Wherever your story comes from, whether it’s an original idea, an attempt at adaptation from book or play, a screenplay prepares it for film.
All that follows is suggestion based on known and oft trodden conventions of screenplay writing, at least it can hopefully give an insight. Many more comprehensive tutorials and insights are out there on the web, some included in the links below, others included in the Books / DVD section.
Some choose to discard formal approaches and even the idea of narrative is viewed as a limitation. Stanley Kubrick based his films around what has been described as six to eight ‘non-submersible’ units.
Whether to write a complete script, or set some basic boundaries for a story and scenes, then let performers improvise within that setting is another approach often used these days, especially for found footage type storylines and the like.
STORY STRUCTURE (THE ESTABLISHED 3 ACT SCREENPLAY APPROACH)
Structure: The recognised cohesive glue of a project / film, that connects the dots and carries a story (narrative), but is it necessary to follow the three act scenario - or structure at all?
Films that have “pushed the boundaries” might be seen as hard to understand and disjointed, but is this the fault of the storyteller?
3 ACT SCENARIO (AN EXAMPLE)
ACT 1) The story starts with character facing a challenge and/or task (for instance), a journey to be made to reach its conclusion. This part is usually quite short, but it’s the most important part of the story to gain the audiences interest. It’s the hook to get an audiences attention and engage their belief in the story, situations and most important, characters. At the end of act one there is a ‘plot point’ that moves the characters and story from act one into act two.
ACT 2) Is about obstacles and challenges the character encounters along the way. This is the bulk of the story and the script and where sometimes the “padding” comes in and this is when most plot holes come about, trying to simplify things and not get too bogged down with fiddly complications etc. The end of act two also has a plot point to lead into the final act.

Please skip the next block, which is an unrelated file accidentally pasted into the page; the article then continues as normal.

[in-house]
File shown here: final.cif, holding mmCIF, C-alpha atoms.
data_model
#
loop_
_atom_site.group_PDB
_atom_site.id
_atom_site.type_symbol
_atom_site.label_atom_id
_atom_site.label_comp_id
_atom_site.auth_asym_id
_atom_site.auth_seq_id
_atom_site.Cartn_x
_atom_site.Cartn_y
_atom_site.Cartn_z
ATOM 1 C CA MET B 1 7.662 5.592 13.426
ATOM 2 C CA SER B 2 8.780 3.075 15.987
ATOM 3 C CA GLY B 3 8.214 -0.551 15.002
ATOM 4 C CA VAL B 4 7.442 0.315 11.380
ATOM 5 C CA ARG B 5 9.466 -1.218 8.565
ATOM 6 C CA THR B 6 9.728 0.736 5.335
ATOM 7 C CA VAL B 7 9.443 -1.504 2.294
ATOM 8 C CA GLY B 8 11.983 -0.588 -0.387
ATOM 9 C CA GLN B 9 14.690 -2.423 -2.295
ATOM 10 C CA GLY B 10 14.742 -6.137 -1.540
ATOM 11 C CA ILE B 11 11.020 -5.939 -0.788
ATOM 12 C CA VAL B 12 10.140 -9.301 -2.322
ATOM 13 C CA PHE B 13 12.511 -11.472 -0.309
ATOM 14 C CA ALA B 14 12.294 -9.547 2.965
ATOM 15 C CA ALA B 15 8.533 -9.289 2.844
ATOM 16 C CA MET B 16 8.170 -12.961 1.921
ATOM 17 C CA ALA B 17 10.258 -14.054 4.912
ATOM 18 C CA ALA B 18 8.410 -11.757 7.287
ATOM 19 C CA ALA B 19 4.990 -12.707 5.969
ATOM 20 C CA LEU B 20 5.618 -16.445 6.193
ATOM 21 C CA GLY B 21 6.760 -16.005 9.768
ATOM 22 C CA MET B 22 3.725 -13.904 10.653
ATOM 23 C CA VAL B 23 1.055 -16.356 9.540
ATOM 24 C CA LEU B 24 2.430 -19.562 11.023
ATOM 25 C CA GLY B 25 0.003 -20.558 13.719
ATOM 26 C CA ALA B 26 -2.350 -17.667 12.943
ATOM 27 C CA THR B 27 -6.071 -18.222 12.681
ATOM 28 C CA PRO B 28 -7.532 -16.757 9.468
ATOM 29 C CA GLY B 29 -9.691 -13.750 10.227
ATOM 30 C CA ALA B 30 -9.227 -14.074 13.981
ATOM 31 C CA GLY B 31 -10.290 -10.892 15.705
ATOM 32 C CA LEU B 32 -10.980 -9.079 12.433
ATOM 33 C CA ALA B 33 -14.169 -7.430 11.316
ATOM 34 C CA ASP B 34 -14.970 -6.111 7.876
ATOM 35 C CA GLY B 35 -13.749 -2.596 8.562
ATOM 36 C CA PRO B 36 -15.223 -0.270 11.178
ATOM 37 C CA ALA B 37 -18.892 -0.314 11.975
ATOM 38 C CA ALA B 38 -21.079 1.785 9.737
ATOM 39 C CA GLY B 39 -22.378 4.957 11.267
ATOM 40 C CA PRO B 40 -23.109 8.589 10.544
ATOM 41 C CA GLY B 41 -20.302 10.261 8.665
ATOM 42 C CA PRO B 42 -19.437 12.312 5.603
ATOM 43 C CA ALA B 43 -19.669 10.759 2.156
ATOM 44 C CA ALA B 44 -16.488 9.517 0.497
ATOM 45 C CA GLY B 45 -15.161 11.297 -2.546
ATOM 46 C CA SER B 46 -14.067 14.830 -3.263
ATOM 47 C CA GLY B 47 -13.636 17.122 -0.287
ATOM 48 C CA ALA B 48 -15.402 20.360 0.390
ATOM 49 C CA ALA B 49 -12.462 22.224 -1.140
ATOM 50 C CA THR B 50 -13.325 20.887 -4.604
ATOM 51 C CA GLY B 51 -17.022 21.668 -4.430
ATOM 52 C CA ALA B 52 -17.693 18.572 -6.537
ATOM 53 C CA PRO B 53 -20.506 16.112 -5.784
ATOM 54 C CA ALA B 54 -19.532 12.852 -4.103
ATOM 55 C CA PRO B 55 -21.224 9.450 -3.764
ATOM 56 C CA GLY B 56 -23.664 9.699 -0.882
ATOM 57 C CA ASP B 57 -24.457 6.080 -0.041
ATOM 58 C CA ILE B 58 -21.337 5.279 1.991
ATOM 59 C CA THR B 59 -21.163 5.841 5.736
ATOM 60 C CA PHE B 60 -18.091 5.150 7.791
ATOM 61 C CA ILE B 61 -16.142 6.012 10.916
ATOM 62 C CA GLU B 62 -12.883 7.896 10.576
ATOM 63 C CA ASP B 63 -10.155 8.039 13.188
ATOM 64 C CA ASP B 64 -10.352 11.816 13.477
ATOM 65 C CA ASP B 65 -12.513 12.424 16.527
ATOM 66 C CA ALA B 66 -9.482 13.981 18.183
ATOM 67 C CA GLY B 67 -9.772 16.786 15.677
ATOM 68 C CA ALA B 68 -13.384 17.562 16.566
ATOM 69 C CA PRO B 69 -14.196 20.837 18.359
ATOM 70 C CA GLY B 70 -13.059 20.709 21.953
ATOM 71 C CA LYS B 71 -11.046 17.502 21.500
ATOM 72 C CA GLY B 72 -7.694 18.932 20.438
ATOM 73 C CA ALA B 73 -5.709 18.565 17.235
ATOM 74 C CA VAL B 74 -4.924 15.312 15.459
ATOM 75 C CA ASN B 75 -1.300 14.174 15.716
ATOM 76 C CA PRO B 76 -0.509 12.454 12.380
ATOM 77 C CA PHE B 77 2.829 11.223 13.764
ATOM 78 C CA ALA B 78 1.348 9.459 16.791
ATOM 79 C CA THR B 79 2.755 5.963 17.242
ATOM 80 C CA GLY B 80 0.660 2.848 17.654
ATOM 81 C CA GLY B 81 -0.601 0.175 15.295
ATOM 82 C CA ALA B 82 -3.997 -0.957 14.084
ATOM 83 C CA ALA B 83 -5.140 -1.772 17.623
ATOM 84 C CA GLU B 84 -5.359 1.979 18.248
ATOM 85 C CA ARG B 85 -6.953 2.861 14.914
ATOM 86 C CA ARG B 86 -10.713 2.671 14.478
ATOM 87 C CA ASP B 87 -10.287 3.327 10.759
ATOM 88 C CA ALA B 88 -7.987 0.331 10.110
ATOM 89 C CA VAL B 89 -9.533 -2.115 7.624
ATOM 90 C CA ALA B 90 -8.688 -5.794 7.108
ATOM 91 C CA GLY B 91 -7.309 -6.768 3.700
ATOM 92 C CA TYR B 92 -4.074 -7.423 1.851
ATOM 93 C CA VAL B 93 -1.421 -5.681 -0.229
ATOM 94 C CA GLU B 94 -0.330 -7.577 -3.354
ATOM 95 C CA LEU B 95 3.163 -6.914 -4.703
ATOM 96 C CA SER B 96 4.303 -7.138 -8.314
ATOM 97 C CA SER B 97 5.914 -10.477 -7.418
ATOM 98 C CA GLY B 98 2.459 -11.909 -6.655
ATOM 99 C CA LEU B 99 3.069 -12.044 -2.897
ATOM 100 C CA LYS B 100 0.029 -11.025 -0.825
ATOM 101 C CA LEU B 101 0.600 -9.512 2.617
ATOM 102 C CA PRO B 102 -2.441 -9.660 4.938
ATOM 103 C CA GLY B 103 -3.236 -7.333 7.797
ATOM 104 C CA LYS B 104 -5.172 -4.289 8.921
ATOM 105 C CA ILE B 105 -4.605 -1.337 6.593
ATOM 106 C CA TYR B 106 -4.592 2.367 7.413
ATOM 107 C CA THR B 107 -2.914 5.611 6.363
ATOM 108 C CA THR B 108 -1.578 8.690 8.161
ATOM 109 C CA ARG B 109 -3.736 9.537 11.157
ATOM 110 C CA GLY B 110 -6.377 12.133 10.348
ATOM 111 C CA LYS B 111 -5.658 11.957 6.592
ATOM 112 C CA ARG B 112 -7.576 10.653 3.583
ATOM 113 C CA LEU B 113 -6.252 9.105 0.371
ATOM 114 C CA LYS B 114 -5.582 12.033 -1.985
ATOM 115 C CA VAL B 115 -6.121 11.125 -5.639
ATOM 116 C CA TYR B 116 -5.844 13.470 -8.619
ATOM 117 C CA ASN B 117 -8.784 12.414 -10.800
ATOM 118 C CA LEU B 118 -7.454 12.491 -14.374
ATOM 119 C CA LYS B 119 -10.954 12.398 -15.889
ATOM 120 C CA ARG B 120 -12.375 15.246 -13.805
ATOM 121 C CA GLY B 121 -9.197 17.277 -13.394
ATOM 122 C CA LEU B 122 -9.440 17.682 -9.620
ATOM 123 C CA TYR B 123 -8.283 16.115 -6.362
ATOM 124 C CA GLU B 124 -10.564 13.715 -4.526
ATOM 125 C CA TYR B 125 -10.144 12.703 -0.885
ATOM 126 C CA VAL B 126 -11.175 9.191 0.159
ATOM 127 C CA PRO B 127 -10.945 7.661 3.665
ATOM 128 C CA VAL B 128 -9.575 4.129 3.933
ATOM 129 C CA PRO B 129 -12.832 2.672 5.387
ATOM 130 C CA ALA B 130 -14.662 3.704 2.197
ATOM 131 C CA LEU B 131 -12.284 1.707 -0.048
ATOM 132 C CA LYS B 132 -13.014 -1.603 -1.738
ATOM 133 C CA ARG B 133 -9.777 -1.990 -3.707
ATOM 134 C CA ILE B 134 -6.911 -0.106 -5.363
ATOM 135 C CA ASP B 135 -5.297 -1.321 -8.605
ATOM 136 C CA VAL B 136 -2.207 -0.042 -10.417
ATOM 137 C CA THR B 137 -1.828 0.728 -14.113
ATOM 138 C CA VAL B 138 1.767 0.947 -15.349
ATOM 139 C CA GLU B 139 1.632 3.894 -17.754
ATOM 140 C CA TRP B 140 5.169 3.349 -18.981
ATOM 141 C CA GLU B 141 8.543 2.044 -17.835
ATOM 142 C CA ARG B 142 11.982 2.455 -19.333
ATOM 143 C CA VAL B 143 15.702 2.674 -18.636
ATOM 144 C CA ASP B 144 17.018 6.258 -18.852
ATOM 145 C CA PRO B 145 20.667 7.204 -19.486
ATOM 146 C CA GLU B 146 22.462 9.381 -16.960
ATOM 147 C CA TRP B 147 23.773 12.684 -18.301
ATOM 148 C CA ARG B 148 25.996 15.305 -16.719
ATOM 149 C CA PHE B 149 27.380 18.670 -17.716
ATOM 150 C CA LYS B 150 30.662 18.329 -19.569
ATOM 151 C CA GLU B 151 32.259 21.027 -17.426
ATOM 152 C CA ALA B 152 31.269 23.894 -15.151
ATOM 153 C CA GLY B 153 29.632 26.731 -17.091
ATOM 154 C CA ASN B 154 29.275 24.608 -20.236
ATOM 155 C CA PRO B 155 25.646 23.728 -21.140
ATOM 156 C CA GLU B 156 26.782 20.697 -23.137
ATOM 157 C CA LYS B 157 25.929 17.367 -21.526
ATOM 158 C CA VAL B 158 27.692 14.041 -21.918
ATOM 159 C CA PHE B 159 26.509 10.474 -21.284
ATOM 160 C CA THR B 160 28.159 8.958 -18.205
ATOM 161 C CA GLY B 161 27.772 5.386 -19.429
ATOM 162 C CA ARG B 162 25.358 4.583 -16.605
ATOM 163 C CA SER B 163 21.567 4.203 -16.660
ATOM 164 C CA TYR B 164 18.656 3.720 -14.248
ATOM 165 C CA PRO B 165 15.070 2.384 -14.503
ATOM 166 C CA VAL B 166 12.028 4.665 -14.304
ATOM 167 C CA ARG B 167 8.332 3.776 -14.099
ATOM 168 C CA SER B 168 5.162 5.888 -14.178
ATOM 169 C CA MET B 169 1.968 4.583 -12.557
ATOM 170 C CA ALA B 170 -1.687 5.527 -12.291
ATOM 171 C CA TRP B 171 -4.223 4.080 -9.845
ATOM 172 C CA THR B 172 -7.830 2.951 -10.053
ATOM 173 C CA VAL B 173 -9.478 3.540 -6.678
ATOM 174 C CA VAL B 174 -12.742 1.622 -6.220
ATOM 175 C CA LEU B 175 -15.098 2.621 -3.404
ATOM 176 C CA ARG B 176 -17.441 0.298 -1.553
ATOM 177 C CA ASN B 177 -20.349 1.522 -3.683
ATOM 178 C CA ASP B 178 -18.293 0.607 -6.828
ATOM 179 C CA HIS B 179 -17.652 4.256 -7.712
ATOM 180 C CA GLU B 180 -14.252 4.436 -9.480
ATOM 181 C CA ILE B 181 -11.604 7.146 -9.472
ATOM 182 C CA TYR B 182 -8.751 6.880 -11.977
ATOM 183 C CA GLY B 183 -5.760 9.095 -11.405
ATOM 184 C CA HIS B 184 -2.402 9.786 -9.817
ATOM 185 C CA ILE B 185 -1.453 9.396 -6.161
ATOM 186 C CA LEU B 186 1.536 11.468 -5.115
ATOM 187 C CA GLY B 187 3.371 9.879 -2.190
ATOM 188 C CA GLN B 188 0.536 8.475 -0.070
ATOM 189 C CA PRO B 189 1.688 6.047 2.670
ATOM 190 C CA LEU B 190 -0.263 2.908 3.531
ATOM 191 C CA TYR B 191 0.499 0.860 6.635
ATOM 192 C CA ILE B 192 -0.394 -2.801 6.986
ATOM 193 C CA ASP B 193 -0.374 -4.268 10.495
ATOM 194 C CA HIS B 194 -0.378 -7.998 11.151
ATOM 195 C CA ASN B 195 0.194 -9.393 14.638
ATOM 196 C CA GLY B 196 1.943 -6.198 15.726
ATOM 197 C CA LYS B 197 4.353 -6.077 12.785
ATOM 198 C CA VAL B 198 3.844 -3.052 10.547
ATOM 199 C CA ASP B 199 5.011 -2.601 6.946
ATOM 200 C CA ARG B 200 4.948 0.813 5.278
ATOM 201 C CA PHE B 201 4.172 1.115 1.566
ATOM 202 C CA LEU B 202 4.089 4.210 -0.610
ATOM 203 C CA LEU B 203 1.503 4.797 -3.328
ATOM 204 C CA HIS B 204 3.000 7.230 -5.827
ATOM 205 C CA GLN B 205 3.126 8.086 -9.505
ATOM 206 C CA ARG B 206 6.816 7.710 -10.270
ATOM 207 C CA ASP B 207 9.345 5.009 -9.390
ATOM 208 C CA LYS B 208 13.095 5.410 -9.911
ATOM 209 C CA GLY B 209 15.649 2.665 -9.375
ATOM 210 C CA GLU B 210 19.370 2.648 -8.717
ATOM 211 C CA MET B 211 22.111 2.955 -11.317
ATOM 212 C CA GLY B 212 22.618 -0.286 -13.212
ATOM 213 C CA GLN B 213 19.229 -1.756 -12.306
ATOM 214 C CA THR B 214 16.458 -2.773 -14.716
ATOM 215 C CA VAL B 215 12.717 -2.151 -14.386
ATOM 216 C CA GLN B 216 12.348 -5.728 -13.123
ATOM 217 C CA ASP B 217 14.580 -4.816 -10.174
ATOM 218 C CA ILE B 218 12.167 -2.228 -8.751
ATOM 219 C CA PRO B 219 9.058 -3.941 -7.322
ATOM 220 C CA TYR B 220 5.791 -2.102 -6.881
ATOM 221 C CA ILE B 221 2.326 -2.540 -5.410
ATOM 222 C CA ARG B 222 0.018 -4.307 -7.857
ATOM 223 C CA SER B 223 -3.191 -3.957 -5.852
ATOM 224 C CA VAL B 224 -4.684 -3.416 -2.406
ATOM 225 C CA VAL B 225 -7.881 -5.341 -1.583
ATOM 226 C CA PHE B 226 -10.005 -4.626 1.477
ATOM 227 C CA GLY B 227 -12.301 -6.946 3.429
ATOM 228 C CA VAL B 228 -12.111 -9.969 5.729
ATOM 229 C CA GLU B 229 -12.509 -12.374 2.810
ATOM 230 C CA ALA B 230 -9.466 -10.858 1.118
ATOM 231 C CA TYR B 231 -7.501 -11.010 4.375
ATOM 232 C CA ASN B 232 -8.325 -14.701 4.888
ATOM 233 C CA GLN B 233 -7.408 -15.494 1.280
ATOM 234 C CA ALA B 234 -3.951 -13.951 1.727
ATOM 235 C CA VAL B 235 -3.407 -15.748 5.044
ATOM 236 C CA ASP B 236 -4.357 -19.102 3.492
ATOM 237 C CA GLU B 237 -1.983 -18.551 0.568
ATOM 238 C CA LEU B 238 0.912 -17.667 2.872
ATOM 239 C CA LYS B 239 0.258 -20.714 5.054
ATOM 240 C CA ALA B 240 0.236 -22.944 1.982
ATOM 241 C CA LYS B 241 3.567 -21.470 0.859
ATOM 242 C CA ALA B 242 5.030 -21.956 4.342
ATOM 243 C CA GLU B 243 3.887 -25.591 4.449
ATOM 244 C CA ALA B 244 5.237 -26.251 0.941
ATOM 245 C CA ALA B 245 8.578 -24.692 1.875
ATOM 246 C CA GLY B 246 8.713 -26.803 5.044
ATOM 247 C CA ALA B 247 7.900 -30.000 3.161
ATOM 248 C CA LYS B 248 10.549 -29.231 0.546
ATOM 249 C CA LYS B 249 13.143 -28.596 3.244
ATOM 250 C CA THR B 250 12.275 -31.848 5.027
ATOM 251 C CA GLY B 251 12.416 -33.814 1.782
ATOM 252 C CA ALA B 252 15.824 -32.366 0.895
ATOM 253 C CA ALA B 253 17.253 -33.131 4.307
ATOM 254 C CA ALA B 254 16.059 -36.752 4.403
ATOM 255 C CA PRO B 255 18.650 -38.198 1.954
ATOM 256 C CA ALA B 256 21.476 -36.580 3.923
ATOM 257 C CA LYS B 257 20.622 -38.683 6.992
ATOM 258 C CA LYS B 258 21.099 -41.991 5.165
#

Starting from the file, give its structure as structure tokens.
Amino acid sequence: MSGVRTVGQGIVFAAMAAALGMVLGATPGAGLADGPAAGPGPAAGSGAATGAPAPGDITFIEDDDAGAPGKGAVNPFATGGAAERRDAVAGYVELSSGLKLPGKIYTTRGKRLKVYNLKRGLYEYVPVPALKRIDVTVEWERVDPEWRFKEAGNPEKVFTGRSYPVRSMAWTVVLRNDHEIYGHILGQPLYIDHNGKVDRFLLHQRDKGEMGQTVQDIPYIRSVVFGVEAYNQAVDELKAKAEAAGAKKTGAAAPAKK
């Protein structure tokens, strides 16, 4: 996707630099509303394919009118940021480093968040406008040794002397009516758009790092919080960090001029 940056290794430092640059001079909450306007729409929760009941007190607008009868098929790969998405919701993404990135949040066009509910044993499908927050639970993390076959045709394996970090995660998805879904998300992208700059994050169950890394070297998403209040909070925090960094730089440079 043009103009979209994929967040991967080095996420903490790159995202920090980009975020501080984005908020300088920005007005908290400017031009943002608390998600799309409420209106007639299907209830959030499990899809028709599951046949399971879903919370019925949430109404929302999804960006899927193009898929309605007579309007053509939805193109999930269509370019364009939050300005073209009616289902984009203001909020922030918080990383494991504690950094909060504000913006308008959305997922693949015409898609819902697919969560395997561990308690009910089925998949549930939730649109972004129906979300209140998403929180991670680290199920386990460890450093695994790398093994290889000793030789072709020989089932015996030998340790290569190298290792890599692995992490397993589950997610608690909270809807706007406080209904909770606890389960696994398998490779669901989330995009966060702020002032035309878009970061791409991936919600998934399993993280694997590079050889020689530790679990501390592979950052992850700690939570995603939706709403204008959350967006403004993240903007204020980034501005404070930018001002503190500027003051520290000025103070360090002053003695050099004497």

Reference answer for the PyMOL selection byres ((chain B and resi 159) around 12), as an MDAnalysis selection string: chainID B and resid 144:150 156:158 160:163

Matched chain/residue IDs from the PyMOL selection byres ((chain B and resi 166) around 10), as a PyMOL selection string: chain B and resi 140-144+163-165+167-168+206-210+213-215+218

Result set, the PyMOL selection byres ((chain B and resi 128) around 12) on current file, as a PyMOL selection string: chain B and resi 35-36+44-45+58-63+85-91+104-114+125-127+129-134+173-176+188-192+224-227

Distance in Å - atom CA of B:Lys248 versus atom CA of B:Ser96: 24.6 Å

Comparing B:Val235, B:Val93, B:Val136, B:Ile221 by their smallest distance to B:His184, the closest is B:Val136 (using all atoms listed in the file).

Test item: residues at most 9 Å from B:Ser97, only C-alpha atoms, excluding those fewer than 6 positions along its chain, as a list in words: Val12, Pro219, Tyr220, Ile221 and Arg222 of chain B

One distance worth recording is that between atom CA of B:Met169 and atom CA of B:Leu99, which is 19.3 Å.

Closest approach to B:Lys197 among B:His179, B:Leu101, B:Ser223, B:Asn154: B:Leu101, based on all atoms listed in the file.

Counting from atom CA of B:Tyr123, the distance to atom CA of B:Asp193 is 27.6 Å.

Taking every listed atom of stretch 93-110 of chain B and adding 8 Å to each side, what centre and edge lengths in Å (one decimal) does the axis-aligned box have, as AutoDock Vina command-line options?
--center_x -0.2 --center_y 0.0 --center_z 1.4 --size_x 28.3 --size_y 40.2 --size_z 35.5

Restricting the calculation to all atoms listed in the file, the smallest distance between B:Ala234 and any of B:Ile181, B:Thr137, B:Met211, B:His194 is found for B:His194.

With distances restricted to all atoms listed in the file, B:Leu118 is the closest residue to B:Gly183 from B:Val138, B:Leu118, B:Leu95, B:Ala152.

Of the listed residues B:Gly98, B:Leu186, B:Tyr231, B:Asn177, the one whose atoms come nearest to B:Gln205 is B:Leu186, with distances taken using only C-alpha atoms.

ACT 3) The final conclusion / outcome. Success, failure, or moral to the tale. The completion of the journey, the tying together of all the pieces, the resolution of all that has preceded. The pay off.
Exceptions to this three act principle can include News items and industrial / corporate films, but there is still information to convey in a comprehensible way, even without a recognisable narrative. Short stories can still build on the three act principle, but of course that becomes vastly reduced.
For books on screenplay writing got to; books/dvds
Script / Screenplay Links:
creative screenwriting www.creativescreenwriting.com
Screenwriting tricks, magazine, events and resources.
screenwriters utopia www.screenwritersutopia.com
Online writers magazine, forums, chat, interviews, script sales, screenwriting contests and reviews.
Script sales, news, screenwriting articles, community, contests, events and published magazine.
Different types of scripts, formats etc.
Links to hundreds of free, downloadable scripts, movie scripts, screenplays and transcripts.
writers guild magazine (US) www.wga.org
Writers resources, script writing software/links (commercial), register scripts online.
final draft software www.finaldraft.com Professional screenwriting software (30 day trial version available).
For MS Word 6 & 95, 97, 98 and 2000 etc. Windows and Mac compatible.
script Buddy www.scriptbuddy.com
Web based screenwriting software.
story design www.screenplay.com
Commercial software for writers & screenwriters.
writers store www.writersstore.com
Resource for writing and script writing software.
For further information on Screenwiting go to; Books & DVD’s
Check out Rough Draft free screenwriting software download below.